It is no wonder that ghosts are a dominant motif throughout all of Polish theater.  Our Class builds on this tradition, paying conscious homage to the great Tadeusz Kantor and his iconic and influential work Dead Class, another ghost play in which the spectres of the past surge forth and insist on becoming present.  The physical world we have created for the show is inspired, as the playwright of Our Class was, by the poetics of Kantor’s classic: a simple classroom where lessons are imparted serves as a spare, haunted, transformative space where the living and the dead commingle.

Much of the complexity of this story is that it renders the categories of “perpetrator,” “victim” and Image“bystander” woefully inadequate. The characters in Our Class are all complex combinations of all of these things; and as Timothy Snyder points out: “The most any of them do is behave decently, and when they do behave decently it is almost never because of the kinds of moral reasoning that we would like for them to be applying, and it almost never has to do with the larger political and ethnic categories which we find it convenient to understand the history with. “

I came away from my recent visit to Auschwitz with the familiar adage affirmed that it is a place that every human being should have to visit (just as every student in Poland is required to do) – not only because of the scale of what happened there, but because one feels palpably that it’s a site where the relationship between history and memory, and between the past and the future, are still being negotiated.  Up until just a few years ago the Museum at Auschwitz was called the Museum of Martyrology of Polish and Other Nations, with the countries of origin of the dead listed alphabetically, and no reference to the Jews, despite the fact that they made up 1.1 of the 1.3 million murdered there. As I departed Birkenau, just outside the gates, near a sign for the “Jewish Center,” I saw the word “Hoax” spray-painted in bold colors. When I returned to the United States and went through Customs at Dulles Airport, just hours after being at Auschwitz, the Customs Officer, learning where I was, had no qualms about cheerfully opining that  “Many say the Holocaust never happened,” before he offered me a final, edgy, “Shalom!”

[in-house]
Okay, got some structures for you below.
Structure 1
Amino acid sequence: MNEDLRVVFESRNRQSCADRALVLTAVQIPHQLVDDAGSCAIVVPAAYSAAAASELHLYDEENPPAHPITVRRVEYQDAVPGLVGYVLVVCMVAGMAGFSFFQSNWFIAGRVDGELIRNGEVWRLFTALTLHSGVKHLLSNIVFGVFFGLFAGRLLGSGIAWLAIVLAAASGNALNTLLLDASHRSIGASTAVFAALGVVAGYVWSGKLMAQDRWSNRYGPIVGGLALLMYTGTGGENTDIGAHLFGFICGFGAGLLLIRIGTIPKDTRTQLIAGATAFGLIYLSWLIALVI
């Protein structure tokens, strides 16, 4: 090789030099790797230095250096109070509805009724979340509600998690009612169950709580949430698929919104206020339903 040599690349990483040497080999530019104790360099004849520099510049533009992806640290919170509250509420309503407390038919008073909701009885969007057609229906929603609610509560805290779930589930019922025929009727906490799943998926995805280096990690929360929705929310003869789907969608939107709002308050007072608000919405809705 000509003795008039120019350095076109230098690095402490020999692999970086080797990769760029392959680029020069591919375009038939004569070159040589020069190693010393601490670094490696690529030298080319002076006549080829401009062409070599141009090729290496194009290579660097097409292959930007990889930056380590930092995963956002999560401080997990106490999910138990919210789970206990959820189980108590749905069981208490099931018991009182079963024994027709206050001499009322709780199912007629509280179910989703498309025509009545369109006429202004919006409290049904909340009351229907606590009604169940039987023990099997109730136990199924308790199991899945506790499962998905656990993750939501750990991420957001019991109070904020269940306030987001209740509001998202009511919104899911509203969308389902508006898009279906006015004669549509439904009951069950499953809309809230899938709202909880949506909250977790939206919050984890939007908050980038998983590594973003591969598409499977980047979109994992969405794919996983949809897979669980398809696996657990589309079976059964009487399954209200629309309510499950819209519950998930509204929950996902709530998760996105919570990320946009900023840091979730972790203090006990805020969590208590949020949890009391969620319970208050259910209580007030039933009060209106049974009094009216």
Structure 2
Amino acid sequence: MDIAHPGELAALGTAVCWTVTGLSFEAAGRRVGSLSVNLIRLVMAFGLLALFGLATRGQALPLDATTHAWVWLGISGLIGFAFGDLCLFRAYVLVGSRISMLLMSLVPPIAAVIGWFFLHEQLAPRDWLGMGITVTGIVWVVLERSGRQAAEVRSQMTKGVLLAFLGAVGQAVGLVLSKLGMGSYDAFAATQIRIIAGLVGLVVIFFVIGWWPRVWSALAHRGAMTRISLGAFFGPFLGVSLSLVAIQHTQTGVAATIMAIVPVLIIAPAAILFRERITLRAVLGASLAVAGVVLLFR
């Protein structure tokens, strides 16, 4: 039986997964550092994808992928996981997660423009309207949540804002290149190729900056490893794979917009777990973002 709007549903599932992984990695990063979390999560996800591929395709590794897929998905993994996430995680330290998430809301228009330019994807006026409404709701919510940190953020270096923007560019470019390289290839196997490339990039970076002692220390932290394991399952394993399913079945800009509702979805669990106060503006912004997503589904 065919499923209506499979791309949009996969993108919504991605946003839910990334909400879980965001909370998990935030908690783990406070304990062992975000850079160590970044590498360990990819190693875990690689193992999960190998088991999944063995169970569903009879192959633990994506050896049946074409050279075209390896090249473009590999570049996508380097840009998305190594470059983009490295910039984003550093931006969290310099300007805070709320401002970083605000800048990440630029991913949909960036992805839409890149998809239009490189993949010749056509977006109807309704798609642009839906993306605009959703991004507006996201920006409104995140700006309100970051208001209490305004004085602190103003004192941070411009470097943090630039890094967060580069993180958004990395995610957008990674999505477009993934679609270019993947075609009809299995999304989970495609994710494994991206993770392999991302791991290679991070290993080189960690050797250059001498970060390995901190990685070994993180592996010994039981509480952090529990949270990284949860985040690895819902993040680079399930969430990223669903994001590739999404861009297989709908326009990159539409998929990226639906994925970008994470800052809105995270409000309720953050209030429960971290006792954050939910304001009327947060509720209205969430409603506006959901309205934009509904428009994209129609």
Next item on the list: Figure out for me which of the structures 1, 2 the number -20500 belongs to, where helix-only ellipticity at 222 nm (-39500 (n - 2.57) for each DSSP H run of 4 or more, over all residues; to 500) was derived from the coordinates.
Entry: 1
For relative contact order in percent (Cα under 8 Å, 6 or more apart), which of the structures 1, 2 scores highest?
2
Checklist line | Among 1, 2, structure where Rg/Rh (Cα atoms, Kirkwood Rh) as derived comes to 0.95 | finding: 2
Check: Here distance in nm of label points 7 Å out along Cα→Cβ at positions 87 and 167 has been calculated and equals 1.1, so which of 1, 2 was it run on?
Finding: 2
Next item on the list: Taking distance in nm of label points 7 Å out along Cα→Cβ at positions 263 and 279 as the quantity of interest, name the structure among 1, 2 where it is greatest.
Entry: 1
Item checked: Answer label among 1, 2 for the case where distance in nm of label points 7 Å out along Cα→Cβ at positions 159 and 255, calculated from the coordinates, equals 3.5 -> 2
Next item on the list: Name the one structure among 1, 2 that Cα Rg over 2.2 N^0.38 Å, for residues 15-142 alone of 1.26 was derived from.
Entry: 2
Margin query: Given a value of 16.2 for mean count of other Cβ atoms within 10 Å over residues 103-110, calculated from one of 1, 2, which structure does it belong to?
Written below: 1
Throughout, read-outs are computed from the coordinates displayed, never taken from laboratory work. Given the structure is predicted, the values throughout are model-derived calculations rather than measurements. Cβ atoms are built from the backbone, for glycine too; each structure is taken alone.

As we quickly approach the moment where there will be no surviving witnesses of the events of this era, the question of how history will be remembered looms large. The painful revelations at the heart of this play, have sparked what Gebert calls a “’war over memory in Poland, on which the answer to the question ‘who are we?’ depends.”

“What could I do?” “What could any of us have done?” “Who are we?”  As theater artists, projects that profoundly stretch our own understandings of these fundamental questions are rare and to be treasured.

The experience of working on this play has altered and destabilized my own sense of self, and troubled many long-held assumptions I didn’t even know I had.  I hope it does the same for you.

Suggestions for Further Reading:

Bikont, Anna. We from Jedwabne.
Gebert, Konstanty. Living in the Land of Ashes.
Glover, Jonathan. Humanity: A Moral History of the 20th Century.
Gross, Jan. Neighbors: The Destruction of the Jewish Community in Jedwabne, Poland.
Gross, Jan. Fear: Anti-Semitism in Poland After Auschwitz.